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Air Brakes Free CDL Practice Tests
Page 6

Prepare For The Air Brakes Portion Of Your CDL Written Exams

Air Brakes Questions

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After the initial pressure drop, air leakage for single vehicles should be less than:
  • 3 psi in 1 minute
  • 1 psi in 2 minutes
  • 2 psi in 1 minute
  • 4 psi in 1 minute
Click here to look up the answer

From The CDL Manual

Test air leakage rate:

With a fully-charged air system (typically 125 psi), turn off the engine, release the service brake, and time the air pressure drop. The loss rate should be less than 2 psi in 1 minute for single vehicles and less than 3 psi in 1 minute for combination vehicles. Then apply 90 psi or more with the brake pedal. After the initial pressure drop, if the air pressure falls more than 3 psi in 1 minute for single vehicles and more than 4 psi for combination vehicles, the air loss rate is too much. Check for air leaks, and repair before driving the vehicle. Otherwise, you could lose your brakes while driving.

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After the initial pressure drop, air leakage for combination vehicles should be less than:
  • 1 psi in 2 minutes
  • 4 psi in 1 minute
  • 2 psi in 1 minute
  • 3 psi in 1 minute
Click here to look up the answer

From The CDL Manual

Test air leakage rate:

With a fully-charged air system (typically 125 psi), turn off the engine, release the service brake, and time the air pressure drop. The loss rate should be less than 2 psi in 1 minute for single vehicles and less than 3 psi in 1 minute for combination vehicles. Then apply 90 psi or more with the brake pedal. After the initial pressure drop, if the air pressure falls more than 3 psi in 1 minute for single vehicles and more than 4 psi for combination vehicles, the air loss rate is too much. Check for air leaks, and repair before driving the vehicle. Otherwise, you could lose your brakes while driving.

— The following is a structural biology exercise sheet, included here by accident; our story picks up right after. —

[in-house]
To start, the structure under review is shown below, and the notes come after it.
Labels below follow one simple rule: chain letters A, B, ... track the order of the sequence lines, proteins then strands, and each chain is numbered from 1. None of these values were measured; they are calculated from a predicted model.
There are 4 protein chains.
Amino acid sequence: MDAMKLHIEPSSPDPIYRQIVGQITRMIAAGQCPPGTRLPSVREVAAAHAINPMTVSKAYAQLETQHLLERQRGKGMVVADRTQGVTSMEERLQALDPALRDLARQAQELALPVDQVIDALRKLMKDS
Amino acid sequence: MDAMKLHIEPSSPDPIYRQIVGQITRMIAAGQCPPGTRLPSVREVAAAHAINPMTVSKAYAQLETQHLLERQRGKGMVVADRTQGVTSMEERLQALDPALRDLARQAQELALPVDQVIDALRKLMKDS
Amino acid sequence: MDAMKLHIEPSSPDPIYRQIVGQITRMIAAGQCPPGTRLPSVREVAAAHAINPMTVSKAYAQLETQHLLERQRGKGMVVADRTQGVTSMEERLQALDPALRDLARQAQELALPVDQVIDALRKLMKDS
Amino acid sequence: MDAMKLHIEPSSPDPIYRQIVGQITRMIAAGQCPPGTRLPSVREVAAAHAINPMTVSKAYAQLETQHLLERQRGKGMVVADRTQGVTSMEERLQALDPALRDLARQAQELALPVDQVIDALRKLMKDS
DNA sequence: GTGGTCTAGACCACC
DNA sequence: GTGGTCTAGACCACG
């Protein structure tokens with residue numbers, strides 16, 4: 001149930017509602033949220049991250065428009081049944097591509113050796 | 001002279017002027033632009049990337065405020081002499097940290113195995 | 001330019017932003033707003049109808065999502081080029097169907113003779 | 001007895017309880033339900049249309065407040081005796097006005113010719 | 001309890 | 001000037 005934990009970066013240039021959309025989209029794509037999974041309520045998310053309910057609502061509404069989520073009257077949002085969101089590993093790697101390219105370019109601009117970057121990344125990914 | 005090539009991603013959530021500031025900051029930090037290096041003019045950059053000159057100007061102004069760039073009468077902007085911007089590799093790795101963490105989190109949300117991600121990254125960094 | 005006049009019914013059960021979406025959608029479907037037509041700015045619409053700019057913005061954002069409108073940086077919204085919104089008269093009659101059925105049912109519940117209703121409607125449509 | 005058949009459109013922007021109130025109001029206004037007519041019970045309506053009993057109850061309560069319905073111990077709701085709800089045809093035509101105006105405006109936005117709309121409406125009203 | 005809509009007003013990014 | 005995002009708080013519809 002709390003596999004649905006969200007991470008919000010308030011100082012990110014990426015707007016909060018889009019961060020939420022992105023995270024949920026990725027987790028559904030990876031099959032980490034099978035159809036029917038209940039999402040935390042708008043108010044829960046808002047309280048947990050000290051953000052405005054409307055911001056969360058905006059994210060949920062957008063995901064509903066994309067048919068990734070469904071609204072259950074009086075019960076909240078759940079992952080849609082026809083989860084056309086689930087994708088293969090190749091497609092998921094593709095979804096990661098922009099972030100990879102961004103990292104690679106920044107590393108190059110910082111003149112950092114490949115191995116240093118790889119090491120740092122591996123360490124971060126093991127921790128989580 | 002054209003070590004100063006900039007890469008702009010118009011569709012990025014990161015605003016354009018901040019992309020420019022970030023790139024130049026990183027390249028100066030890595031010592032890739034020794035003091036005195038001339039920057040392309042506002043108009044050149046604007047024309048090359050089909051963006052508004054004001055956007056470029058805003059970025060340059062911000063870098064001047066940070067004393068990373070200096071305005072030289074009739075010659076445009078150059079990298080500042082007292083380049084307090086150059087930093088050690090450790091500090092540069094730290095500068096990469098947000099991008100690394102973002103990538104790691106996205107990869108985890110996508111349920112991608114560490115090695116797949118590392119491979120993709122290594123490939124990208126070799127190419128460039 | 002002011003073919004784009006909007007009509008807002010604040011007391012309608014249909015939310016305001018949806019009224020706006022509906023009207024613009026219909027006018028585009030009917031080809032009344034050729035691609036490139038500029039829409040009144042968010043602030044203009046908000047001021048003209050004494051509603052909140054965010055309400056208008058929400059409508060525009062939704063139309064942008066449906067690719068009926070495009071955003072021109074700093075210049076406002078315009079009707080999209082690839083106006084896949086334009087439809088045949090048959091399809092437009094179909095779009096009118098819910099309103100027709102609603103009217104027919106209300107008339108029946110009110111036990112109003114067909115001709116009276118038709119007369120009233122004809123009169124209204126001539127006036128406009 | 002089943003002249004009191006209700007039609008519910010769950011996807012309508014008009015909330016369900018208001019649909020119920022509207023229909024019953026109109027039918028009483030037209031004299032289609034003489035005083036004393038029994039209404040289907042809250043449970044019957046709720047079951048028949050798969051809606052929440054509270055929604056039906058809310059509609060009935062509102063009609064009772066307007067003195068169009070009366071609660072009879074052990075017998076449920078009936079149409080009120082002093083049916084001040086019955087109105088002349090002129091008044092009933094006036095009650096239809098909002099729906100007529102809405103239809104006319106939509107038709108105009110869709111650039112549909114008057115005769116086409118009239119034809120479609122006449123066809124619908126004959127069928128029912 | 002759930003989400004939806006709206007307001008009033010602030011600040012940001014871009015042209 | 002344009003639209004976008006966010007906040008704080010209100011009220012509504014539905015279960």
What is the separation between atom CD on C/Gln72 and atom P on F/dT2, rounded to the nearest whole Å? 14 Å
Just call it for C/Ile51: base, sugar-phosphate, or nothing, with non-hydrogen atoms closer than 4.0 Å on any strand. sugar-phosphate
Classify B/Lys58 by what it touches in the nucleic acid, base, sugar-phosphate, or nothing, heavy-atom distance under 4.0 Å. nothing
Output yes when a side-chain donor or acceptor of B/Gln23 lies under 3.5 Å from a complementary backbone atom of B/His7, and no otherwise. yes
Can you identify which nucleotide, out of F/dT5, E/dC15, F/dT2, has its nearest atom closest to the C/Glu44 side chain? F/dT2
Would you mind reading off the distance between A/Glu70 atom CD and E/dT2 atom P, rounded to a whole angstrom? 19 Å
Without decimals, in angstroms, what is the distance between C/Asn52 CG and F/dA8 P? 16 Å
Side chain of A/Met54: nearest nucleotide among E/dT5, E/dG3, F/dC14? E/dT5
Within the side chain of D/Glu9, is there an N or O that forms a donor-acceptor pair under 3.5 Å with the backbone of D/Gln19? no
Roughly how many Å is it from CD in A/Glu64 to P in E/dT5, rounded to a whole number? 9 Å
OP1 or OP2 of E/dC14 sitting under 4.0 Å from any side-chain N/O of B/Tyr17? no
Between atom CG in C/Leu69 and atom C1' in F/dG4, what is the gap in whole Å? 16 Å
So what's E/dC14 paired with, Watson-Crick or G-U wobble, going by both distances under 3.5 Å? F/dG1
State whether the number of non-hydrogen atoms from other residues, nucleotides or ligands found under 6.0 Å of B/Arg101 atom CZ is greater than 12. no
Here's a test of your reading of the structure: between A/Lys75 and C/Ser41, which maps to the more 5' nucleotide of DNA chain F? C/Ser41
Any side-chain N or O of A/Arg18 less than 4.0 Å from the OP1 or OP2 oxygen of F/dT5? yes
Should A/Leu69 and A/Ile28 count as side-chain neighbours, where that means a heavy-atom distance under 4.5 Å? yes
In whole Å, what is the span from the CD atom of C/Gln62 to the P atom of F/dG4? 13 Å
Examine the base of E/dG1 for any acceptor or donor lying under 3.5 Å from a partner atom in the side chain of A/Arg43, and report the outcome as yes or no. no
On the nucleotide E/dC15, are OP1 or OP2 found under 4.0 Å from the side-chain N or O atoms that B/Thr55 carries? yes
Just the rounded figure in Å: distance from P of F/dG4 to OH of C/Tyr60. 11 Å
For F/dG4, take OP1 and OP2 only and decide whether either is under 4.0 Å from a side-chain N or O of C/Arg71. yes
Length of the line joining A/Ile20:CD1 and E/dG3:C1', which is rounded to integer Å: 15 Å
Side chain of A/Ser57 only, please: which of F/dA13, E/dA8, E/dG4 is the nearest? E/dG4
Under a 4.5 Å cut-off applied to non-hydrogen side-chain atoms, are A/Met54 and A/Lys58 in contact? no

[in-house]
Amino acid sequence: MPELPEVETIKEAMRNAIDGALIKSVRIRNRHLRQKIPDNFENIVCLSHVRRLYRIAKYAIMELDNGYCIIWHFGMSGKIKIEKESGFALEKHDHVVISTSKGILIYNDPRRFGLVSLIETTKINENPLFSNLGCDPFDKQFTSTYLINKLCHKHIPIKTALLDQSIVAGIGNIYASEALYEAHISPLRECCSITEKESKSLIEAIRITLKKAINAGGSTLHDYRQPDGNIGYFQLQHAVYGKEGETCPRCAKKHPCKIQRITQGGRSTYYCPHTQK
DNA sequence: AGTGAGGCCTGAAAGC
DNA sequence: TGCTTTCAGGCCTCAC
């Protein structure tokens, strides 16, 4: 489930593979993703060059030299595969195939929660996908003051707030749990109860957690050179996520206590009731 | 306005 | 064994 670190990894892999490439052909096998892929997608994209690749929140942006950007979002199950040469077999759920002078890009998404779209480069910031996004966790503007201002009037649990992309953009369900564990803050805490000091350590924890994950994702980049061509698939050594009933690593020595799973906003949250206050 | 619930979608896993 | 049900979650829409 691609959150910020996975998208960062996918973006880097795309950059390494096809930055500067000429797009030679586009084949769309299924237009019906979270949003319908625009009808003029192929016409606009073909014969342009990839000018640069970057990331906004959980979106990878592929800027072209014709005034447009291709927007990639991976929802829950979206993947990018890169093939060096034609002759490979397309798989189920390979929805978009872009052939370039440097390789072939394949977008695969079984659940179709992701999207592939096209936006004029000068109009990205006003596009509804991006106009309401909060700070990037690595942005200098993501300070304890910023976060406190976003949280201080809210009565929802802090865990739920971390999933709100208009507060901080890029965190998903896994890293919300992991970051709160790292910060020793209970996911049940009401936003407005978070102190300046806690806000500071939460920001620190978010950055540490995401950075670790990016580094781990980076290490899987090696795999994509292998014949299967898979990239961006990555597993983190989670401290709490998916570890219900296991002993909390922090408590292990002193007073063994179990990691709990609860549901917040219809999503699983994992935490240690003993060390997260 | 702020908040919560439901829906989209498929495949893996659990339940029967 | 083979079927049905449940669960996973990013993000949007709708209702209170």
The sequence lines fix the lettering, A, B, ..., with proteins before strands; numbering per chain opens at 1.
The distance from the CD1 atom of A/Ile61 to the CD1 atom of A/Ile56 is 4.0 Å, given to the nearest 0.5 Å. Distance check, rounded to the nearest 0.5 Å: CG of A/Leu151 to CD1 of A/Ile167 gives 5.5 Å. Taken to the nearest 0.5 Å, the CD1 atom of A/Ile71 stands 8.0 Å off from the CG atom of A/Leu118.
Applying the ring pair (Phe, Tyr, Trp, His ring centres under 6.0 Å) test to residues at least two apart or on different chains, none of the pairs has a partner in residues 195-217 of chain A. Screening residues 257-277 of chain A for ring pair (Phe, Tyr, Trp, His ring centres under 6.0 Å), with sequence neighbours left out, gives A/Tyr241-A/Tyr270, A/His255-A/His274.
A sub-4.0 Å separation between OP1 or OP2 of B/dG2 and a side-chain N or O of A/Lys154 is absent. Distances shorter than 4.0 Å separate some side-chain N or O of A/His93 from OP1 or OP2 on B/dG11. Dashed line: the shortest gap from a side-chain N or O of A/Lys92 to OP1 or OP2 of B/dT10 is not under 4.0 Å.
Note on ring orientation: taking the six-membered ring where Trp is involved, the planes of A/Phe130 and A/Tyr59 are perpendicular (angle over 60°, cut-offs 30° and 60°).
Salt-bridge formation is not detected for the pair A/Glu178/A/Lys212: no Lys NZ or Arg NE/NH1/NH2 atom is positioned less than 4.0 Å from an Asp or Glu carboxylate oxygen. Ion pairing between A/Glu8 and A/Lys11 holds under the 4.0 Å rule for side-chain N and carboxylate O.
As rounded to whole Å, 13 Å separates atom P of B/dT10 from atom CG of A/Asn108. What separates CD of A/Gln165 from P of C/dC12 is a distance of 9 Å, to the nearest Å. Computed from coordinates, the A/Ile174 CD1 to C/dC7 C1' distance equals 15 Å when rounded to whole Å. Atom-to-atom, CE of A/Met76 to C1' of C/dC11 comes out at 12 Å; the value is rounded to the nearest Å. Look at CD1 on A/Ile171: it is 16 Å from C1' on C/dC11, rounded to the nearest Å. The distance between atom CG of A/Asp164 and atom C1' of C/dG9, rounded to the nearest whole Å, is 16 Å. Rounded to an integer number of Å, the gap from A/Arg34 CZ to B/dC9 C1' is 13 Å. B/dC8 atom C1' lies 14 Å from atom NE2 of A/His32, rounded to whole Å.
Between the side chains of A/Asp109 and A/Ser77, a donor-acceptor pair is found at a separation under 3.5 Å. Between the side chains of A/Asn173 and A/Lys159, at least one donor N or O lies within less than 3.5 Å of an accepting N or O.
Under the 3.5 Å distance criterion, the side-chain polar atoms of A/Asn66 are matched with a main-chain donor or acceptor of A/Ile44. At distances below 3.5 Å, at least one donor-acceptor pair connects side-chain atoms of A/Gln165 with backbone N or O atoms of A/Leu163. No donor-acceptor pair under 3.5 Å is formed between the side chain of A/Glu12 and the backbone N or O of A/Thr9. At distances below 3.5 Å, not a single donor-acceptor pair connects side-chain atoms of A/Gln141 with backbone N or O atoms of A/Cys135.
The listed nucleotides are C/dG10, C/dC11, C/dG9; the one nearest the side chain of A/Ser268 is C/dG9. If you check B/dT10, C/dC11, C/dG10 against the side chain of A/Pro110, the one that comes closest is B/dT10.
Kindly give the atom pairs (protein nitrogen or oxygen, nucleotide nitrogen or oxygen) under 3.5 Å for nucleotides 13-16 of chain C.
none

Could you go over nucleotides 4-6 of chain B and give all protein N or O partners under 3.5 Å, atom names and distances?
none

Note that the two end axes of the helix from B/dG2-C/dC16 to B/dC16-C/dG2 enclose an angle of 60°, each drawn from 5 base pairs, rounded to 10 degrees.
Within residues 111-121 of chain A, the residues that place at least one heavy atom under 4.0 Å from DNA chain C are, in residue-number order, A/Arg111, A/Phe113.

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Generally, air governor cut-in should be at:
  • 40 psi
  • 125 psi
  • 100 psi
  • 120 psi
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From The CDL Manual

Check air compressor governor cut-in and cut-out pressures:

Pumping by the air compressor should start at about 100 psi and stop at about 125 psi. (Check manufacturer’s specifications.)

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Air governor cut-out should be at around:
  • 125 psi
  • 40 psi
  • 85 psi
  • 100 psi
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From The CDL Manual

Check air compressor governor cut-in and cut-out pressures:

Pumping by the air compressor should start at about 100 psi and stop at about 125 psi. (Check manufacturer’s specifications.)

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The level at which the air compressor stops pumping air is:
  • Cut-off
  • Pump-out
  • Cut-in
  • Cut-out
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From The CDL Manual

Check air compressor governor cut-in and cut-out pressures:

Pumping by the air compressor should start at about 100 psi and stop at about 125 psi. (Check manufacturer’s specifications.) Run the engine at a fast idle. The air governor should cut out the air compressor at about the manufacturer’s specified pressure. The air pressure shown 67 by your gauge(s) will stop rising. With the engine idling, step on and off the brake to reduce the air tank pressure. The compressor should cut in at about the manufacturer’s specified cut-in pressure.